THE number of centuries- and decades-old trees in Dumaguete City, especially at the landmark Rizal Boulevard and the ageless Quezon Park is dwindling, based on the assessment by the Department of Environment and Natural Resources (DENR).
The DENR assessment, which started September 2016, showed the need to rehabilitate these trees, mostly pine and acacia.
City Tourism Officer Jacqueline Veloso Antonio, said a project that would target to preserve and protect the remaining trees in these areas had been hatched.
From Wednesday to Friday, city hall employees involved in the pruning and care of these trees attended a “Training on Modern Techniques of Tree Health Management in An Urban Environment”.
City Public Information Officer Dems Rey Demecillo said representatives from the Environment and Natural Resources Office, the City Agriculture Office and Liga Ng Mga Barangay, Negros Oriental II Electric Cooperative, Foundation University and Silliman University were also invited to the training-workshop.
The DENR conducted the training, Demecillo said.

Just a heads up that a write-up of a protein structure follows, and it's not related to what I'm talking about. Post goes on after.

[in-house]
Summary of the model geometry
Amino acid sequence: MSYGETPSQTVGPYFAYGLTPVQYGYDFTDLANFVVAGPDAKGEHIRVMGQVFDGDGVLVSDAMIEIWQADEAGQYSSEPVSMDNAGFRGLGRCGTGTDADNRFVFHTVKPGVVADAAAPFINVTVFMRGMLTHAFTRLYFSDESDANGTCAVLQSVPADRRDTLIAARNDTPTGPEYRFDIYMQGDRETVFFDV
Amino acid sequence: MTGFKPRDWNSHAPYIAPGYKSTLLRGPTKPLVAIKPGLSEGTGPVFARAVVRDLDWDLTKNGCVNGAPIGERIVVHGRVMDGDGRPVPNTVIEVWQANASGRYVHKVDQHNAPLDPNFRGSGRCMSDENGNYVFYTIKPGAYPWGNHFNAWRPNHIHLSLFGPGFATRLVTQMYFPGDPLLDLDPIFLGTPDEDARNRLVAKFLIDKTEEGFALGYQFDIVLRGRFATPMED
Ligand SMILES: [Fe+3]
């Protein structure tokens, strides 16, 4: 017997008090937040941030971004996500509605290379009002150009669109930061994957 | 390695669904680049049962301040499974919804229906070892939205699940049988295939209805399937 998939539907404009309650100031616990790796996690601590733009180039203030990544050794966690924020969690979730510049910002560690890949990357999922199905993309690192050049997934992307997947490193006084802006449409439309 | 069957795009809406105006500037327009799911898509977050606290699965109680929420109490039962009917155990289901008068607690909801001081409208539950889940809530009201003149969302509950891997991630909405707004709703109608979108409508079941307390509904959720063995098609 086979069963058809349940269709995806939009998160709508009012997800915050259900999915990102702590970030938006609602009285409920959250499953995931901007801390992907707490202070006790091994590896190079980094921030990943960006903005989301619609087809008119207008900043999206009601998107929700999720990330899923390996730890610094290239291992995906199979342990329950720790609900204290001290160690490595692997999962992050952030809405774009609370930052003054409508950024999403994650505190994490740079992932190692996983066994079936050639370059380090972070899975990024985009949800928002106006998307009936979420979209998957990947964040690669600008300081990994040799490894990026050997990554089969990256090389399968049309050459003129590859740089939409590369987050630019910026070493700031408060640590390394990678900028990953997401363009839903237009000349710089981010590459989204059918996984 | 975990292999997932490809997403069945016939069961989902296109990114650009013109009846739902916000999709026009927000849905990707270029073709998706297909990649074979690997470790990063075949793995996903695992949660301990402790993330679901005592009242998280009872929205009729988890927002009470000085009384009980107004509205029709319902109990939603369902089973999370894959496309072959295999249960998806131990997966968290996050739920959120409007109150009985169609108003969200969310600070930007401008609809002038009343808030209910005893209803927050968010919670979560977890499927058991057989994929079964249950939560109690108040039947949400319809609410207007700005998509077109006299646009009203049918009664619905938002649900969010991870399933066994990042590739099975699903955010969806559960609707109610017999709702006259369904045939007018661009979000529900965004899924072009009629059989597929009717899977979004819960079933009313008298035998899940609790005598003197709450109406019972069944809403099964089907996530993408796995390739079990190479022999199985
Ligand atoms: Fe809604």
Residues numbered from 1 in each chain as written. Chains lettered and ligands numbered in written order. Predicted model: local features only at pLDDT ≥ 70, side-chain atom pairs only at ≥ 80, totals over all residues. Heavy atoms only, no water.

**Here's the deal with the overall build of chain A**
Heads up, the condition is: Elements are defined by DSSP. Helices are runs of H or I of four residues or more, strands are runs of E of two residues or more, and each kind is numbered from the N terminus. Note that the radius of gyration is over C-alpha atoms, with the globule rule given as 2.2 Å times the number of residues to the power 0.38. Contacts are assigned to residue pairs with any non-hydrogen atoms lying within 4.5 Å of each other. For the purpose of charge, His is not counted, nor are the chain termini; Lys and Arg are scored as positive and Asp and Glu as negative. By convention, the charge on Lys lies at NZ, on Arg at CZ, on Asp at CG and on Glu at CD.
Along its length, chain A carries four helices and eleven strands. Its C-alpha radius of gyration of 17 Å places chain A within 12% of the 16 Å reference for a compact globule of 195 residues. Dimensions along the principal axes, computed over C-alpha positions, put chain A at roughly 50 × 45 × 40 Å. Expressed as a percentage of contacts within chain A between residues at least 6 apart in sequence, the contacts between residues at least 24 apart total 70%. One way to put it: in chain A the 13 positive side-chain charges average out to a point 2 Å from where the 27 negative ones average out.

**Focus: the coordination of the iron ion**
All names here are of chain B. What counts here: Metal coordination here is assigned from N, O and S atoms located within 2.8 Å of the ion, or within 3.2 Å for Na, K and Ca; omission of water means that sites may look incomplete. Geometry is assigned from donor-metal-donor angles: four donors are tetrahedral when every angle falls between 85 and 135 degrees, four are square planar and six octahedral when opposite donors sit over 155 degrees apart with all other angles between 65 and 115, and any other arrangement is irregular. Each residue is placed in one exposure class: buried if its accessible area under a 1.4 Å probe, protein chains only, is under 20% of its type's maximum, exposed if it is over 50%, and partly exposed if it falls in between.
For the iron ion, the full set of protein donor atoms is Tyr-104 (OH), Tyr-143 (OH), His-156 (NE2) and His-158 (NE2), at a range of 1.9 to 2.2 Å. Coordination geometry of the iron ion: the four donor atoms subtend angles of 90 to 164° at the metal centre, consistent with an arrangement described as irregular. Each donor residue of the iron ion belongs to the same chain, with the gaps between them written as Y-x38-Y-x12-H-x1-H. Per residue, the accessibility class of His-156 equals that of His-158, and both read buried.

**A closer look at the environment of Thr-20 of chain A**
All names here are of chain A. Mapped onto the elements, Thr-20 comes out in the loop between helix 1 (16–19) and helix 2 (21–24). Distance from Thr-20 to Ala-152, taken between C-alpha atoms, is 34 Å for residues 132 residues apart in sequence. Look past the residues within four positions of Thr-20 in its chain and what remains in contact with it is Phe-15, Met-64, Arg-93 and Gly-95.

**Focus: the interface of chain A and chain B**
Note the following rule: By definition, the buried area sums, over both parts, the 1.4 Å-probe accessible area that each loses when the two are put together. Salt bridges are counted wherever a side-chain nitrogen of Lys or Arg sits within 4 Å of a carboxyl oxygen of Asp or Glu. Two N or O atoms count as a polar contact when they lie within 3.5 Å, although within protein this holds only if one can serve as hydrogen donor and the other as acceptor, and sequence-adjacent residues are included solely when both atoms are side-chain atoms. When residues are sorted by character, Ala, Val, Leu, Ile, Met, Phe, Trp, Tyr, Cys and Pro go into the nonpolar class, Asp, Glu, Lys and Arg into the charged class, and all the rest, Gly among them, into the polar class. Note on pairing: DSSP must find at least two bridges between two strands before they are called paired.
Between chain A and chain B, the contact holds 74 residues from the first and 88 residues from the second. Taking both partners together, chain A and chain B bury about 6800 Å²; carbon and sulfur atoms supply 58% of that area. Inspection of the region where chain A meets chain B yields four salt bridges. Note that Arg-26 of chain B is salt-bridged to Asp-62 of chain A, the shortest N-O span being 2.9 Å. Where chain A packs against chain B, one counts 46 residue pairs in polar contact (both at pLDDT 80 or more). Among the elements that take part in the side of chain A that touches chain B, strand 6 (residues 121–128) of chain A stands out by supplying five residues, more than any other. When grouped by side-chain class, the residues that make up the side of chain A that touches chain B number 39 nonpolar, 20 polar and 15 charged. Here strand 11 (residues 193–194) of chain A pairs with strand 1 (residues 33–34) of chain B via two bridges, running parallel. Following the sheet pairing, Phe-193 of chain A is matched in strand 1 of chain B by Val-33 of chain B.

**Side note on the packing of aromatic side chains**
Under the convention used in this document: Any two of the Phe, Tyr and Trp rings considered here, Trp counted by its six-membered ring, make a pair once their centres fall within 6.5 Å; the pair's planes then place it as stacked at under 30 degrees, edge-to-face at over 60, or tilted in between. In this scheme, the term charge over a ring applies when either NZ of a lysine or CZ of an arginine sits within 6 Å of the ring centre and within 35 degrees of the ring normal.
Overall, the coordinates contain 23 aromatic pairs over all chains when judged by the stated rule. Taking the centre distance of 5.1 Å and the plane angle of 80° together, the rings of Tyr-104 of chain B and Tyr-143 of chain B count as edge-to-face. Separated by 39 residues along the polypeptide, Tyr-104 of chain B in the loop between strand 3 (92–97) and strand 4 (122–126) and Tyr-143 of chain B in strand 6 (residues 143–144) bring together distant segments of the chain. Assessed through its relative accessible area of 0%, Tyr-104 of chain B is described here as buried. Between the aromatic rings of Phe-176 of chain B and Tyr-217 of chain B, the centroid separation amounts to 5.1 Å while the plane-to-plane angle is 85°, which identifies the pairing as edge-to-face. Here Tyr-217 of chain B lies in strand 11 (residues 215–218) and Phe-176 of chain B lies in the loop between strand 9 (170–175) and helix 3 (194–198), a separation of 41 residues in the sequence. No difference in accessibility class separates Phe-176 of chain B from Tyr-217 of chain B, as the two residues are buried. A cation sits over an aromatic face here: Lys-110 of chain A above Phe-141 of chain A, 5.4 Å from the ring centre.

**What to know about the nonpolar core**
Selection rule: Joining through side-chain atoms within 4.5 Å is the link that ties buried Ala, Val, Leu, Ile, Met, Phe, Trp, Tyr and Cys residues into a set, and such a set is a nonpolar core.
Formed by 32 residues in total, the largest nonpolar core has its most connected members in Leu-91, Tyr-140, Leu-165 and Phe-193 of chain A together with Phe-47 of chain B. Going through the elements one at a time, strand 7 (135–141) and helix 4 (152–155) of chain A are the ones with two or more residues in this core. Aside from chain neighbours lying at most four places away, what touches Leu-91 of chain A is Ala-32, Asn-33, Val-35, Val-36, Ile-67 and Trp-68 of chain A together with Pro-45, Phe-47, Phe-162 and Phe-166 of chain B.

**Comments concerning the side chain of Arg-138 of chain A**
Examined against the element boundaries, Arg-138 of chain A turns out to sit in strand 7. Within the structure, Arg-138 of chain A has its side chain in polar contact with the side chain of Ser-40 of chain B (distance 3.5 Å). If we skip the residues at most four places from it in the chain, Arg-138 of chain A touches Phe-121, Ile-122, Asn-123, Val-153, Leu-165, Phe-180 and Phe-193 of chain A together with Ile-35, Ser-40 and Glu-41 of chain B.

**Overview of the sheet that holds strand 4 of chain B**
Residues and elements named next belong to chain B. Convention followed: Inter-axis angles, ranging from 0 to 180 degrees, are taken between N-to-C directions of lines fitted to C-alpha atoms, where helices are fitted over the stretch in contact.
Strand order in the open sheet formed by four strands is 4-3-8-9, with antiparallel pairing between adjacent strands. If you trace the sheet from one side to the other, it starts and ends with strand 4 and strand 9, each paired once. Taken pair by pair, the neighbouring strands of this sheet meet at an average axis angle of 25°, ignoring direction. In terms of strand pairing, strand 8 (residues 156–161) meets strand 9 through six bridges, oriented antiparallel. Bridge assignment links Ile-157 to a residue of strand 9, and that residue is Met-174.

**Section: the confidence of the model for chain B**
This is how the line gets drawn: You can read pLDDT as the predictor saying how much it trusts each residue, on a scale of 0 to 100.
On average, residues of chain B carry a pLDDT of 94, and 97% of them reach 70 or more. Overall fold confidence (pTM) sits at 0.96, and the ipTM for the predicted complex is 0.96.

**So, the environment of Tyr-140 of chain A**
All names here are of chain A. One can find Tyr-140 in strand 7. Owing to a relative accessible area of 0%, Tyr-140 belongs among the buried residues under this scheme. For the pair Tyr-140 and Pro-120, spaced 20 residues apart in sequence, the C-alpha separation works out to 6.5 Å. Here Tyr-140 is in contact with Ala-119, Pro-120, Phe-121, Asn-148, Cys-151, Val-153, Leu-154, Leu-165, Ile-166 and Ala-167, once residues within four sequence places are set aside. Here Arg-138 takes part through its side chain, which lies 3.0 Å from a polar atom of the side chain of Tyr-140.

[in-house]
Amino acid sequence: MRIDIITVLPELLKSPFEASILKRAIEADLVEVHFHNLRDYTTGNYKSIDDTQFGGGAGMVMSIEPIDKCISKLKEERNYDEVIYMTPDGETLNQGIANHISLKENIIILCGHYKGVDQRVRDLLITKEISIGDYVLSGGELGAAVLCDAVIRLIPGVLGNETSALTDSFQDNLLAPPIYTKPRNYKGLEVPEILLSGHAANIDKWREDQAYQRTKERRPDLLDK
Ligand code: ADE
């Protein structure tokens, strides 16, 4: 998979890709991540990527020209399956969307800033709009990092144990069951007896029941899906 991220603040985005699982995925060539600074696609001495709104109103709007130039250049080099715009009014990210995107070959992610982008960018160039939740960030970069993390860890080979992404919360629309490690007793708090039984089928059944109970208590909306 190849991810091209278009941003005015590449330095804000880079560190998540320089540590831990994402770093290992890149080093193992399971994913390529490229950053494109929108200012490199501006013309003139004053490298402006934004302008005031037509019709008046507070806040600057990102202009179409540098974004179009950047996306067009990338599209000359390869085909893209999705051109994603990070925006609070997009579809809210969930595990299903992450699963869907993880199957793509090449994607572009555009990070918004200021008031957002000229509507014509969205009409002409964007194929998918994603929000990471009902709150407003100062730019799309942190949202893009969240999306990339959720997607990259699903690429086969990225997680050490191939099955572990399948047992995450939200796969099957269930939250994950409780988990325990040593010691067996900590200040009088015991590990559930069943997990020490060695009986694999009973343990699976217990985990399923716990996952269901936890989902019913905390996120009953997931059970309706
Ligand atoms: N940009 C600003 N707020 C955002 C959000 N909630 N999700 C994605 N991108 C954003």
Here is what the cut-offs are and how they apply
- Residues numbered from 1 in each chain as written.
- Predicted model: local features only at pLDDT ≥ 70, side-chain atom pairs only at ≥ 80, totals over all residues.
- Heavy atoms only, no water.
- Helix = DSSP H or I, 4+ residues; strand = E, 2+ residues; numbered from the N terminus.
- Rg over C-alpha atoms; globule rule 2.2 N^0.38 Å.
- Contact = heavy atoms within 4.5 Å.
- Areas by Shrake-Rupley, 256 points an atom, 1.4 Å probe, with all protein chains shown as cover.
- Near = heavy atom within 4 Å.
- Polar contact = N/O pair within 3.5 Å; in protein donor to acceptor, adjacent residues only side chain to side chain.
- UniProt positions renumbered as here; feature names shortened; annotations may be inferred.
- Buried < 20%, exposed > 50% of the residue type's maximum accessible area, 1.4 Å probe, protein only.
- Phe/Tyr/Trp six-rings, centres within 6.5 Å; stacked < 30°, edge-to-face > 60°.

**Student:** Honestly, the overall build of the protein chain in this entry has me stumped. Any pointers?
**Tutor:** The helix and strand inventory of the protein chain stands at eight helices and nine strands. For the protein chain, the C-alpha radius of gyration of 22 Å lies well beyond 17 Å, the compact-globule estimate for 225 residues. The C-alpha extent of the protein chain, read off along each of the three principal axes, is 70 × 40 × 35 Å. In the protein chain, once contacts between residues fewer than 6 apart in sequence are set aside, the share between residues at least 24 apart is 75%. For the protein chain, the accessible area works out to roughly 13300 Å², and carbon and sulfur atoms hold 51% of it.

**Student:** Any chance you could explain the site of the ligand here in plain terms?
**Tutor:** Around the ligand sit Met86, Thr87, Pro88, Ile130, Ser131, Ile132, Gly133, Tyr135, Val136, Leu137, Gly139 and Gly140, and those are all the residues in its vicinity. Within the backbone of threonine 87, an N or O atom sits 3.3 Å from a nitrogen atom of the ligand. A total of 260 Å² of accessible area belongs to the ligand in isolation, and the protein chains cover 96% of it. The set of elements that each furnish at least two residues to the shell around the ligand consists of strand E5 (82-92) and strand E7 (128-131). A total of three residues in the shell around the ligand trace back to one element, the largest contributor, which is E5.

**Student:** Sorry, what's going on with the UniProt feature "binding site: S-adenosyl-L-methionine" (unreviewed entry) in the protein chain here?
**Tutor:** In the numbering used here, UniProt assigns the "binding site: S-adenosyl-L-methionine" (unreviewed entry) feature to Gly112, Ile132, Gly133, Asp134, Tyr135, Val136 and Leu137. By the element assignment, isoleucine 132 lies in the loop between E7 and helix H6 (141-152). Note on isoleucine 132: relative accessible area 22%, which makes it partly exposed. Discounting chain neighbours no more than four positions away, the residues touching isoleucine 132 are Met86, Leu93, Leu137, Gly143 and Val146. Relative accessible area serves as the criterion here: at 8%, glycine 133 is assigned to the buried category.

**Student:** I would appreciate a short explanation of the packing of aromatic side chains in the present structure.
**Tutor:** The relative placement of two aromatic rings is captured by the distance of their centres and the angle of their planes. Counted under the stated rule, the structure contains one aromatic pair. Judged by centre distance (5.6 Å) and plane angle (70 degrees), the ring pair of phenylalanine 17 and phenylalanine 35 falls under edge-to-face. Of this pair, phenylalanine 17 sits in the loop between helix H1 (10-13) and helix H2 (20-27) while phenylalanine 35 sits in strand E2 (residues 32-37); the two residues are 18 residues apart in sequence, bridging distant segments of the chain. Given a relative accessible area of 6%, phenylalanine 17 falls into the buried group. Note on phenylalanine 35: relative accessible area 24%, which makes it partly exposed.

Joselito T. Sumabat of the DENR Region VII Biodiversity, Coastal, Wetlands and Ecotourism Research Center, said training participants are taught techniques in natural target pruning, improved tree surgery, tree injection and basal application of tree fertilizer, as well as promote awareness and understanding on the importance of urban tree health management.
During the training-workshop, recommendations were made for the planting of trees to replace the ones that were previously uprooted by typhoons and those cut down for public safety, said Demecillo.
Also, the City Tourism Office will install proper steel poles for the spotlights and electrical planks attached to the trees that will be removed soon, he added.
Demecillo said City Mayor Felipe Antonio Remollo wants further development and beautification of the Rizal Boulevard and Quezon Park in the coming months with the help of the barangays and the community. (PNA)